What I didn’t understand back in 1964, when I was twenty, was: what made this drab set of non-events a great short story—reputedly one of the greatest ever written. It was, I knew, a story about passion, and that passion was a capital subject; and that although Chekhov didn’t describe any of it, sex took place, adulterous sex no less. I could also see that the effect of passion was calculated to be loss, loneliness and indeterminacy, and that the institution of marriage came in for a beating. Clearly these were important matters.

But it seemed to me at the story’s end, when Gurov and Anna meet in the hotel, away from spousal eyes, that far too little happened, or at least too little that I could detect. They make love (albeit offstage); Anna weeps; Gurov fussily says, “Don’t cry, my darling… that’s enough… Let us talk now, let us think of some plan.” And then the story is over, with Gurov and Anna wandering off to who knows where—probably, I thought, no place very exciting were we to accompany them. Which we don’t.

Back in 1964, I didn’t dare to say, “I don’t like this,” because in truth I didn’t not like “The Lady with the Dog.” I merely didn’t sense what in it was so to be liked. In class, much was made of its opening paragraph, containing the famously brief, complex, yet direct setting out of significant information, issues and strategies of telling which the story would eventually develop. For this reason—economy—it was deemed good. The ending was also said to be admirable because it wasn’t very dramatic and wasn’t conclusive. But beyond that, if anybody said something more specific about how the story made itself excellent I don’t remember it. Although I distinctly remember thinking the story was over my head, and that Gurov and Anna were adults (read: enigmatic, impenetrable) in a way I wasn’t, and what they did and said to each other must reveal heretofore unheard of truths about love and passion, only I wasn’t a good enough reader or mature enough human to recognize these truths. I’m certain that I eventually advertised actually liking the story, though only because I thought I should. And not long afterward I began maintaining the position that Chekhov was a story writer of near mystical—and certainly mysterious—importance, one who seemed to tell rather ordinary stories but who was really unearthing the most subtle, and for that reason, unobvious and important truth. (It is of course still a useful habit of inquiry to wonder, when the surface of reputedly great literature—and life—seems plain and equable, if something important might not be revealed upon closer notice; and also to realize that a story’s ending may not always be the place to locate that something.)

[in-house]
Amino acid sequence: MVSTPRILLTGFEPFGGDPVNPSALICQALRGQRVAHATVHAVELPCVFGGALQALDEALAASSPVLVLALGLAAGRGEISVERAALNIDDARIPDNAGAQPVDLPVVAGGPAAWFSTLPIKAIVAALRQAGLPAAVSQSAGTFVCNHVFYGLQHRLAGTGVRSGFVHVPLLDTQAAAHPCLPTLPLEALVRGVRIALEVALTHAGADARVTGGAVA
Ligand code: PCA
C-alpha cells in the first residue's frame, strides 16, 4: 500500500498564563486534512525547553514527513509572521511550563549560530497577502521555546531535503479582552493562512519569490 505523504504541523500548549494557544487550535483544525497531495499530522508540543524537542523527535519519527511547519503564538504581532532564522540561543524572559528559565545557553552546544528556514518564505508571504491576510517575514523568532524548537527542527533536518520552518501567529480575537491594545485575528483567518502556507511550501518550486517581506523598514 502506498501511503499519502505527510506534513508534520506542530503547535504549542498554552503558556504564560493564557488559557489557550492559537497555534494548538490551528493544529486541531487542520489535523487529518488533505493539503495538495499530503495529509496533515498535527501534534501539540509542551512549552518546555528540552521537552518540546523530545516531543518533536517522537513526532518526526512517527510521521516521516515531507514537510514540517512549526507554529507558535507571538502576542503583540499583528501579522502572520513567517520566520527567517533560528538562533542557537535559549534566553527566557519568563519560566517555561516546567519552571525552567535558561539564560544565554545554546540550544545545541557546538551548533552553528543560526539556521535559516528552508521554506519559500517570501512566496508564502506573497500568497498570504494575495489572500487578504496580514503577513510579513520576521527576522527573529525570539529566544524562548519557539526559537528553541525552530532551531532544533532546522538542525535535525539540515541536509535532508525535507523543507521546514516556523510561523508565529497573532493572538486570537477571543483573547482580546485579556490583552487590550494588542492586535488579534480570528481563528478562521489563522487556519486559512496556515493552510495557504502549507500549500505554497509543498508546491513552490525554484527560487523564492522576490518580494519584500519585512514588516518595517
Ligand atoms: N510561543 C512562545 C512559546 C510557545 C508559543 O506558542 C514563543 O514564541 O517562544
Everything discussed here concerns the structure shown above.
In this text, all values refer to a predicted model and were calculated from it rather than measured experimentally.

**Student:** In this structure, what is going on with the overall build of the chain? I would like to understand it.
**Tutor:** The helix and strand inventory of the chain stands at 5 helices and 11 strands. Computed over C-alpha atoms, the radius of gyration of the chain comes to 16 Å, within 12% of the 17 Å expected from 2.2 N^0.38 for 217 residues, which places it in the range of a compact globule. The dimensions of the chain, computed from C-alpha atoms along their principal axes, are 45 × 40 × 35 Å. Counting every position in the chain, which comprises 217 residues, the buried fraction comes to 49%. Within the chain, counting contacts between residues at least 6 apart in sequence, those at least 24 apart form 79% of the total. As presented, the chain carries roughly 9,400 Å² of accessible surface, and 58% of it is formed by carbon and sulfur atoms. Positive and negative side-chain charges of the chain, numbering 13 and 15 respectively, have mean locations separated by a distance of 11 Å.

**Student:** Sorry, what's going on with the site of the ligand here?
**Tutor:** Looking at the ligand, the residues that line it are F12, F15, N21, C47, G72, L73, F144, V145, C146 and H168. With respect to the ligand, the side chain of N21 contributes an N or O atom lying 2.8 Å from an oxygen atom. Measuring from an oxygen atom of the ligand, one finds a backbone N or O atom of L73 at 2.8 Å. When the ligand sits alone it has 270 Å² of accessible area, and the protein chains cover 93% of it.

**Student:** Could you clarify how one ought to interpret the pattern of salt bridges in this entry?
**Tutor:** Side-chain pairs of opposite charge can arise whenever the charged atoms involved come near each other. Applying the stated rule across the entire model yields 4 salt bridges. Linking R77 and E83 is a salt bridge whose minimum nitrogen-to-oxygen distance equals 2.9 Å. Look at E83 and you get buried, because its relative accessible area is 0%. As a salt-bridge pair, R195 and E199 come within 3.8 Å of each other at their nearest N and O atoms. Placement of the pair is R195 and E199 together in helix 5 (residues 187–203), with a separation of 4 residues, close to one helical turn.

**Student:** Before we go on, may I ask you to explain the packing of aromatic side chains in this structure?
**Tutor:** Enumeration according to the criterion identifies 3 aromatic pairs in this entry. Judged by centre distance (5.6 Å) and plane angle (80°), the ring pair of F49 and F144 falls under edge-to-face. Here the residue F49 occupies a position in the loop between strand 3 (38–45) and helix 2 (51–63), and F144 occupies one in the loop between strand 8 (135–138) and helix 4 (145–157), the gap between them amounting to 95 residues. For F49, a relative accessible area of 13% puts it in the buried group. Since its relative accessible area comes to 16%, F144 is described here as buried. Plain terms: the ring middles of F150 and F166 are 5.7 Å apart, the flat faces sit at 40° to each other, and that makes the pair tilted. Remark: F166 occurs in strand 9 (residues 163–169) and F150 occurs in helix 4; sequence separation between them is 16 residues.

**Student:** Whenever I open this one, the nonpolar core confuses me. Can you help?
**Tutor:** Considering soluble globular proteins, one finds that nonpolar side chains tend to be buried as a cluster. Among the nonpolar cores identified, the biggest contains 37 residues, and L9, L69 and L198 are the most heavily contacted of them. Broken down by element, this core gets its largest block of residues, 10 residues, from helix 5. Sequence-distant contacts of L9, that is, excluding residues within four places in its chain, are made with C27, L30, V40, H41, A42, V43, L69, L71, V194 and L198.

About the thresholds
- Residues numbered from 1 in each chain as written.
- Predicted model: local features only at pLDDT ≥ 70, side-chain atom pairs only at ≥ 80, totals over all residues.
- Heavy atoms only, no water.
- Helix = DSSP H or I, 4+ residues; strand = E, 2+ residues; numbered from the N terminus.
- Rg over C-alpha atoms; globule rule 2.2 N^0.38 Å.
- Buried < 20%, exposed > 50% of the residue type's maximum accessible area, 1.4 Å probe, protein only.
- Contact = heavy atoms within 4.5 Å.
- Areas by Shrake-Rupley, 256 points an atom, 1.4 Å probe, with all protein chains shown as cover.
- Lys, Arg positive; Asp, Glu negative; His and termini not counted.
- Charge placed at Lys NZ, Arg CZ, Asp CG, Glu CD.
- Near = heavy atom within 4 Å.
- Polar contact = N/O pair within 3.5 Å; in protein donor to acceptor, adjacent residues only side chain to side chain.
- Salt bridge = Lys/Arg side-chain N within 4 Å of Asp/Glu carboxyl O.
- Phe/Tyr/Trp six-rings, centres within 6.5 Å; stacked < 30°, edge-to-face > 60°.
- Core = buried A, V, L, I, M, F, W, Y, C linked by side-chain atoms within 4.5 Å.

Now, what I would say is good about “The Lady with the Dog” (and maybe you should stop here, read the story, then come back and compare notes) and indeed why I like it is primarily that it concentrates its narrative attentions not on the conventional hot spots—sex, deceit and what happens at the end—but rather, by its precision, pacing and decisions about what to tell, it directs our interest toward those flatter terrains of a love affair where we, being conventional souls, might overlook something important. “The Lady with the Dog” demonstrates by its scrupulous notice and detail that ordinary goings-on contain moments of significant moral choice—willed human acts judgeable as good or bad—and as such they have consequences in life which we need to pay heed to, whereas before reading the story we might’ve supposed they didn’t. I’m referring specifically to Gurov’s rather prosaic feelings of “torment” at home in Moscow, followed by his decision to visit Anna; his wife’s reasonable dismissal of his suffering, the repetitiveness of trysts, the relative brevity of desire’s satiation, and the necessity for self-deception to keep a small passion inflamed. These are matters the story wants us not to skip over, but to believe are important and that paying attention to them is good.